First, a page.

Thankful for…

Pam of Rhett’s Journey tagged me while ago, and it took me some time (this happens a lot!) to figure out what I mean to say.

I’m thankful everyday for everything: I never imagined I could have a husband like Tom, or that I’d be the mother to 3 such terrific little people. My family is large (I have an expanded definition of family and you all are included!) and diverse and amazing and inspiring. And I have all the important things to be grateful for: a warm house in winter, a cool one in summer. Food for all of us. Clothes to cover our bodies, shoes and coats and mittens when we need them. Good health. Good work.

All-in-all, good times.

But these things aren’t what I mean to write about, even though I am deeply, profoundly grateful for them. What I want to write about is something that came to me as a bit of a surprise.

Just 4 years ago, when the twins were in the NICU and Avery was diagnosed with Down syndrome and everything, even the expiration date on the yogurt container, seemed full of portent, full of doom, it hurt to hope. It hurt to think that maybe my life might one day feel comfortable to me again; that I might wake to the sun streaming through the windows and think, What’s in store? with a happy sense of expectation. It all seemed like a distant memory–or, in my worst moments, like a cruel illusion.

But I want to say that the thing I am most thankful for is this: the return of hope. In the 4 years since the babies were born, we worked, we worried, we laughed. The babies grew to boys; Carter, to a big-boy. And now, it’s started: I’m dreaming again, wishing for things and imagining the possibilities. It’s always the beginning, for all of us, as long as we have hope.

Instead of tagging someone, I’ll just ask: What are you most thankful for?

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6 thoughts on “Thankful for…

  1. Yes! Yes, yes, yes!

    I remember sitting up in my bed, early in the morning the day after we learned Archie has Down syndrome, thinking, “It’ll never, ever be the same again. It’s all over. How will I ever be joyful again?”

    Of course now I see the folly in that thought, and I’ve learned that joy is so much bigger than a diagnosis ever could be. Thank you for reminding me of what I’ve learned. I love the ah-ha moments I get when I read your posts.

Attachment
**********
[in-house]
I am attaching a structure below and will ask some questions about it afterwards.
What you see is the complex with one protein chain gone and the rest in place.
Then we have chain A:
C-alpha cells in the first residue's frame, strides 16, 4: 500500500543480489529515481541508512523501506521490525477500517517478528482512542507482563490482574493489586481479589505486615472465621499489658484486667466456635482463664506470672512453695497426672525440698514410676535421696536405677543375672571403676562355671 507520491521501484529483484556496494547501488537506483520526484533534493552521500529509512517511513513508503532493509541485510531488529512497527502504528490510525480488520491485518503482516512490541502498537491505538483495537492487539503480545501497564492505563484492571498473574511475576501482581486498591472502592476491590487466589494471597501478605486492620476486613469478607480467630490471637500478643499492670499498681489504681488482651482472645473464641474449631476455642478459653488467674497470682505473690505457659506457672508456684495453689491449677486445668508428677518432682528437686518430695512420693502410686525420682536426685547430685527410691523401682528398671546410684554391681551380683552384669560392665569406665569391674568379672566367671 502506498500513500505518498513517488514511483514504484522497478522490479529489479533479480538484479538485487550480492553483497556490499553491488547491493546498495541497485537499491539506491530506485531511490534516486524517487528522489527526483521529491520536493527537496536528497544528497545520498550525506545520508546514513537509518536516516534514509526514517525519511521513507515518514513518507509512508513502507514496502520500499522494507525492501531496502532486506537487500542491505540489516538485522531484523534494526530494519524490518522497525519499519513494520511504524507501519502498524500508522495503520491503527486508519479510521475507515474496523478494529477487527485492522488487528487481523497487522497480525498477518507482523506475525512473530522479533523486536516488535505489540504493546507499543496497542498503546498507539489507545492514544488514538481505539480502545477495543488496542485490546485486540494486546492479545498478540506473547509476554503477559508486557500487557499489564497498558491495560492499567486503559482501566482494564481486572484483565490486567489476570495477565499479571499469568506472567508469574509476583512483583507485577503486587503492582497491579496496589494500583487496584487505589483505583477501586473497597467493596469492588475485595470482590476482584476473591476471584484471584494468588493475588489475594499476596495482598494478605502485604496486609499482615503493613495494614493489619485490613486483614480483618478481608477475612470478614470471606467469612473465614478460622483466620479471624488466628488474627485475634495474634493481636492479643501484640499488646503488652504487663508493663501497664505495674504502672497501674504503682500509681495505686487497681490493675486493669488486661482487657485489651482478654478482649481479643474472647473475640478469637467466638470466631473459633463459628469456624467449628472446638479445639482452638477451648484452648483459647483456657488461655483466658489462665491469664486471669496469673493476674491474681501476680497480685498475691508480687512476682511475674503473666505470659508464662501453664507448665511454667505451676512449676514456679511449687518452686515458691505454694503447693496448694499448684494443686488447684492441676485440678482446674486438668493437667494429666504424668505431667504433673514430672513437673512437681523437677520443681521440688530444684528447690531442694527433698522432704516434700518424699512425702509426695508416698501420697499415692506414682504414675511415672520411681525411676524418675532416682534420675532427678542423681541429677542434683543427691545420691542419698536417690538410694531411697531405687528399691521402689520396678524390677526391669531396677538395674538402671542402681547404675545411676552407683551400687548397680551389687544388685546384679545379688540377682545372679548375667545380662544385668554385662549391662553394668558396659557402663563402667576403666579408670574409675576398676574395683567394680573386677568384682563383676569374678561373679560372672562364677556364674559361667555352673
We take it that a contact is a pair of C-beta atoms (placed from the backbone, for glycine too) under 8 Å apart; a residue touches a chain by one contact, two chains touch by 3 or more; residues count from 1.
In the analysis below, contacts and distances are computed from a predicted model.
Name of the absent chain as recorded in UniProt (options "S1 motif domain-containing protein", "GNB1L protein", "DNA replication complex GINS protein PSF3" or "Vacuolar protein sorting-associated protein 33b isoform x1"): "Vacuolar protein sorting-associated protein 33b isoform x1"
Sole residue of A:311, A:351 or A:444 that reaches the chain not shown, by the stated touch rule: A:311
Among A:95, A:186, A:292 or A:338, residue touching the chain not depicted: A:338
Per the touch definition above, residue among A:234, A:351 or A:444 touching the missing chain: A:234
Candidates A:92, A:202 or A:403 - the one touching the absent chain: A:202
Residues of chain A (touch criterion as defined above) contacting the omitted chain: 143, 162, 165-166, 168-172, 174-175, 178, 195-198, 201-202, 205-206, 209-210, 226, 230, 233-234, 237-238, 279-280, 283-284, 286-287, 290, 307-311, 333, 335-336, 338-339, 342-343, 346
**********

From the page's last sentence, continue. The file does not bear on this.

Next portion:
2. I’m glad I came across your website and I appreciate this post about being thankful. Since my son was born 2 years ago (and I have another one due in January) I have been on a what seems like a never ending treadmill that is running at high speed and I’m not sure if I’m ever again going to arrive at a place where I can take an hour to rest and catch my breath. Between working, taking care of my son, taking care of the house, and managing daily life, I’m always really tired (especially with this pregnancy). And I have wondered if I will ever feel rested again?

    But I can imagine that I will feel rested and hopeful and interested in my own topics again instead of toddler topics (let’s not eat the play doh honey, it’s not good for you, how much water have you poured over the side of the bathtub?) And I appreciate that you do have hope again, I do believe it and I am pretty sure that I will once again, someday (probably a couple of years from now) look back and say “Wow! That went by way too fast! I miss my little guys!”

    Motherhood is such a huge change for me – I love my little guy so much and I miss him when I’m away from him. But (especially being pregnant) I appreciate when I have some time to be sitting in a chair in my office typing on a keyboard, not running around keeping up with him.

    Happy Thanskgiving and thanks for writing!

    Tamara

  3. Like you, I am thankful for the hopeful imagining-the-possibilities feelings, but my story is quite different from yours. We’ve journeyed to the same place by different roads, and even that seems like something to be thankful for.

    I hope you and your amazing boys had a wonderful holiday. So many gifts, more than we could ever count.

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